Two Great Locations, One Organization

Matthaei Botanical Gardens is home to two local beekeeping clubs, and each has a thriving apiary on the grounds. The gardens are the perfect ecosystem for pollination with acres of wild flowers, tall grasses, and community gardens. This is the story of a writer who dons a beekeeping suit and enters one of the apiaries for a fascinating up-close look at the world of the honeybee and the work involved with tending the hives.

By Chris Hippler

On a cool afternoon last September, I found myself nervously preparing to enter an apiary of roughly 100,000 bees, in a secluded niche of the University of Michigan Matthaei Botanical Gardens.

UMBees, a student club, Invited me to observe them tending the hives. Founded in 2012, the club’s mission is to “promote, protect, and partner with the species, Apis mellifera.”

All suited up, we approached the hives—two tall columns of stackable wooden boxes—from the rear so as not to interfere with the flight paths of the bees entering and exiting the hives. Gucci Fan, a U-M senior and head of the club lit the smoker, a hand-held device filled with paper and twigs. Then, with a few pumps of the bellows, puffs of smoke wafted around one of the hives to stop the bees’ alarm pheromones so the colony would not react aggressively to our intrusion.

UM Bees with honeybee hive

Taylor Landeryou (without hat and veil) and Gucci Fan.

UM Bees with honeybee hive

Amol Shah (foreground) holds a section of a beehive.

Faculty adviser Andrew Mills led the group and three alumnae joined us. I had met Mills at a meeting of Ann Arbor Backyard Beekeepers (A2B2), a local beekeeping club that meets monthly at Matthaei. Their apiary has 15 hives very near the UMBee apiary.

Hopping up on an aluminum bench, Fan lifted the cover from the hive, and the buzz-o-meter increased a few decibels. The buzzing was a low, rhythmic bass line complementing our work.

Next, Mills installed four quart-sized mason jars filled with sugar water and vitamins. The metal jar lids are screwed to an inner cover in the hive so the glass jars hang upside down. Tiny holes in the lid line up with those in the cover so the colony has easy access to the sweet, nutritious liquid. “We feed the colony in the fall to make sure the bees are nice and fat to help them survive the winter,” he explained.

Honeybee hive section

Anshul Kumar Kulkarni behind frame filled with bees.

Honeybee hive section close up

The queen is in the lower left corner of the frame. She has the longest abdomen.

Using a medieval-looking tool, Fan pried the sticky corner of a frame up and lifted it out of the hive, and then another, handing them one at a time to Amol Shah, ’19, and Anshul Kumar Kulkarni, ’19, as well as Taylor Landeryou, ’16, MS’18.

As they inspected the frames, the members of UMBees started to buzz … with excitement.

“Oh look, eggs!” said Shah, as the 19”x 9” frames were passed around and inspected by all. “The honey is just dripping!” said Landeryou. “Wow, this frame is full!” said Kumar Kulkarni.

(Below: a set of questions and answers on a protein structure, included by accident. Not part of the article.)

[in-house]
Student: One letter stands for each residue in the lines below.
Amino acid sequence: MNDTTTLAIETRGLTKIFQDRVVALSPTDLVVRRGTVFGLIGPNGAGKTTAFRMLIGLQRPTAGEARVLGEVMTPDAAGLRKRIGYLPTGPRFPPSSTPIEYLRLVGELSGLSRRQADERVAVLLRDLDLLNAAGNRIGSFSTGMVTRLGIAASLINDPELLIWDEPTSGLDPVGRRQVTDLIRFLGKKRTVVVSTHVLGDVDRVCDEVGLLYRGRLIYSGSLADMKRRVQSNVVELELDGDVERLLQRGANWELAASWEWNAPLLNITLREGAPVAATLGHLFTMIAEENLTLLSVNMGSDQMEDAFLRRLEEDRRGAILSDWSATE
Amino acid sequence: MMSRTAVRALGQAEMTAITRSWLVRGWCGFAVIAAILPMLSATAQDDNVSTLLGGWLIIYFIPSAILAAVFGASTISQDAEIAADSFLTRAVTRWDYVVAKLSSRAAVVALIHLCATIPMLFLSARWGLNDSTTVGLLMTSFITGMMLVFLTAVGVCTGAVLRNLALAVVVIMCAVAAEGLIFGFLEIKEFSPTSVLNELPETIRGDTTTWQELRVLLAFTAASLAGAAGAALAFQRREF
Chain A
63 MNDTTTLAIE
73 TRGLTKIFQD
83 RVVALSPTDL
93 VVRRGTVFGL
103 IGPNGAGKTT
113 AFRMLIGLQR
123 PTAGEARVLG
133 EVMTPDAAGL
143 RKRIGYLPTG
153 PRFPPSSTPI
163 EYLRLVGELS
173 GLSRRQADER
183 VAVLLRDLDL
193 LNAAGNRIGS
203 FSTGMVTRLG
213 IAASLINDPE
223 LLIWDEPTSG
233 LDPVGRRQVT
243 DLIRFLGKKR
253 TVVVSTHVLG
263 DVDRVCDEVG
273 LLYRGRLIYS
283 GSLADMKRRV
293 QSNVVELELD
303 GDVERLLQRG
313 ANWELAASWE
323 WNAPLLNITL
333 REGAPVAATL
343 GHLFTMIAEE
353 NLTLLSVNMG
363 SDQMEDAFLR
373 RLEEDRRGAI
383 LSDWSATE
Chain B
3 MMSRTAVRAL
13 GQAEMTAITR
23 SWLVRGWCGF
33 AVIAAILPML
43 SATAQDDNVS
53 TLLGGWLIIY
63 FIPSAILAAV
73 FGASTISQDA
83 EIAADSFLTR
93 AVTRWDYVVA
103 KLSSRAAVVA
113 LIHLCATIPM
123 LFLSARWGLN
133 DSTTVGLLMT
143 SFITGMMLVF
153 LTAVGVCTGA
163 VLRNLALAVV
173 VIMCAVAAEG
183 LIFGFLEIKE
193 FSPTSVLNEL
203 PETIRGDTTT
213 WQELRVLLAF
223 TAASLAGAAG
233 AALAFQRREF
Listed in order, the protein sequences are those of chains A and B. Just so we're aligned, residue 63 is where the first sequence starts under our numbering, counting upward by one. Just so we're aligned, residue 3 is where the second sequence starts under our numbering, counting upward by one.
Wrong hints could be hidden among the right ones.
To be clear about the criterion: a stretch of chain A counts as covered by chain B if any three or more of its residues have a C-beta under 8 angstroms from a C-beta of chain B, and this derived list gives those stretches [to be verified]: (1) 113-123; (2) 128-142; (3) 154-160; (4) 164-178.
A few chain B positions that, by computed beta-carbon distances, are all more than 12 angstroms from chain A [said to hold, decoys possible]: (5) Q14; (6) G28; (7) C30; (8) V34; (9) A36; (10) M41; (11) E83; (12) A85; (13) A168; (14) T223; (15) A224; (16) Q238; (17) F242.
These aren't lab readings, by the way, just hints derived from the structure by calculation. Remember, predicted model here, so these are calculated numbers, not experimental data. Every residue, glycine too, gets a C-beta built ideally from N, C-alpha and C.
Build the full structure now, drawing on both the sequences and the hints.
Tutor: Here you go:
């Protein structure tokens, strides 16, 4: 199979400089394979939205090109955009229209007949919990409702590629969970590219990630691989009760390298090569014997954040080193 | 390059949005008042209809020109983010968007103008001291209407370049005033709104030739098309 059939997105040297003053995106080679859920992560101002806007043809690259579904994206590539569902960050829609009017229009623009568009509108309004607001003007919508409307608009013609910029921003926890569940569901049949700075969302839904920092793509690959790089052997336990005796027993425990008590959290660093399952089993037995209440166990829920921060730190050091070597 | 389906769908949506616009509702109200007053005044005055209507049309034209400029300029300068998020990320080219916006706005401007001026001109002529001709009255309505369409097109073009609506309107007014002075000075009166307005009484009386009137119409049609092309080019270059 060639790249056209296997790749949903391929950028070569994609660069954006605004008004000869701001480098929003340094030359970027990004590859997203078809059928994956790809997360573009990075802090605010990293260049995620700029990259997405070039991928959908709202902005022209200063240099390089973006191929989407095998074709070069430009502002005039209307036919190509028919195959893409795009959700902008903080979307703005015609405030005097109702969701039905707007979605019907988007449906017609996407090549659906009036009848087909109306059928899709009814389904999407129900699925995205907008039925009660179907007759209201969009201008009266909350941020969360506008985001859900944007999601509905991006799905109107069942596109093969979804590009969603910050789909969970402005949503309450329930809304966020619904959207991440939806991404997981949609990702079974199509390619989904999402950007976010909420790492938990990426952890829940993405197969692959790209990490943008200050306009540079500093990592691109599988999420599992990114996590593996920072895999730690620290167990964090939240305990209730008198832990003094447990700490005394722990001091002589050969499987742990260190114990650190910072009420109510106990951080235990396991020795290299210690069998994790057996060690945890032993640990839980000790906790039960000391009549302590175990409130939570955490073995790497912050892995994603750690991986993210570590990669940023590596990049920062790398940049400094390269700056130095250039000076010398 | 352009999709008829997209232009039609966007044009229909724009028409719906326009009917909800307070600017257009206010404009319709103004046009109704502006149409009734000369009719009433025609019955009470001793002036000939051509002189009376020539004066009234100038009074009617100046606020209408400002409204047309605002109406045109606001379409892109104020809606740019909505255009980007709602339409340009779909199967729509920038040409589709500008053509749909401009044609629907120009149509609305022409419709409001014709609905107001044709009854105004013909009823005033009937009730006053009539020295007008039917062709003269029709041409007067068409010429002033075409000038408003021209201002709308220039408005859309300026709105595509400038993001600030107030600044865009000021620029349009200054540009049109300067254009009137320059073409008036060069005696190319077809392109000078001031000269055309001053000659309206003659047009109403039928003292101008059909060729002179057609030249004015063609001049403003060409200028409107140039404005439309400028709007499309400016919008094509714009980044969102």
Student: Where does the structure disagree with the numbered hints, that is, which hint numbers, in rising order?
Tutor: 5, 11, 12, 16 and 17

“A honey bee egg is shaped like a grain of rice,” Mills explained. “Day one they’re upright, day two they start to lean over, day three they lie flat on the bottom of the cell. After three full days they hatch.”

Landeryou, a student program coordinator for the Zell Lurie Institute at the U-M Ross School of Business, was fearless, shucking gloves and often her headgear. “My dream,” she said, “is to get bees into the B school.”

More Buzz on Bees

Did you know?

  • A honeybee visits 50 to 100 flowers during a pollen-collection trip
  • Most amateur beekeepers lose anywhere from 30 to 50% of their bees each winter
  • A honeybee can fly for six miles and as fast as 15 mph
  • Honeybees never sleep
  • The bees’ buzz comes from their wings, which beat 11,400 times per
  • Honeybees are not native to North America. They arrived on boats from Europe in the 1600s
  • Honeybees have produced honey in the same way for 150 million years
  • Honeybees communicate through dancing and pheromones
Gucci Fan prying off first box

Gucci Fan prying off first box.

When you’re close to a vibrant, healthy colony, it is easy to forget that the Apis mellifera species is in jeopardy. Threats to the honey bees like climate change, habitat loss, and pesticides are huge. Efforts from small, grassroots organizations like A2B2 and UMBees, can make a difference to the specie’s survival.

In addition to the flowers and grasses in the gardens, honeybees pollinate most major crops including apples, melons, and broccoli. Blueberries and cherries are 90% dependent on honeybee pollination, and almonds depend entirely on the honeybee for pollination.

Every bee in a colony, I learned, has a specific responsibility. The majority of the colony is worker bees, non-reproducing females. They tend to the brood, keep the hive clean, and collect pollen and nectar. The male drones’ primary job is to mate with the queen.

But where was the queen?

“She can’t be far away. The egg is upright,” Andrew said. (Queen bees can lay up to 1,500 eggs per day.)

With only one queen in a colony, the group wanted me to see her. A search began as frames were carefully lifted and examined closely. With each box housing 10 frames, this was not a simple show and tell.

“There’s the queen!” Gucci finally exclaimed. We crowded around and watched in awe as a retinue of worker bees tended to her long body moving gracefully across the frame.

After the hive was reassembled, I peeled off my beekeeping suit and reflected on my time in the apiary. I was honored to have had this intimate look at honey bees, majestic super heroes, so vital to our world.

Chris Hippler is a freelance writer who also owns Worker Bee Jewelry, a company that casts bees (from the Matthaei apiaries) and other natural found objects in silver and gold.

 

Share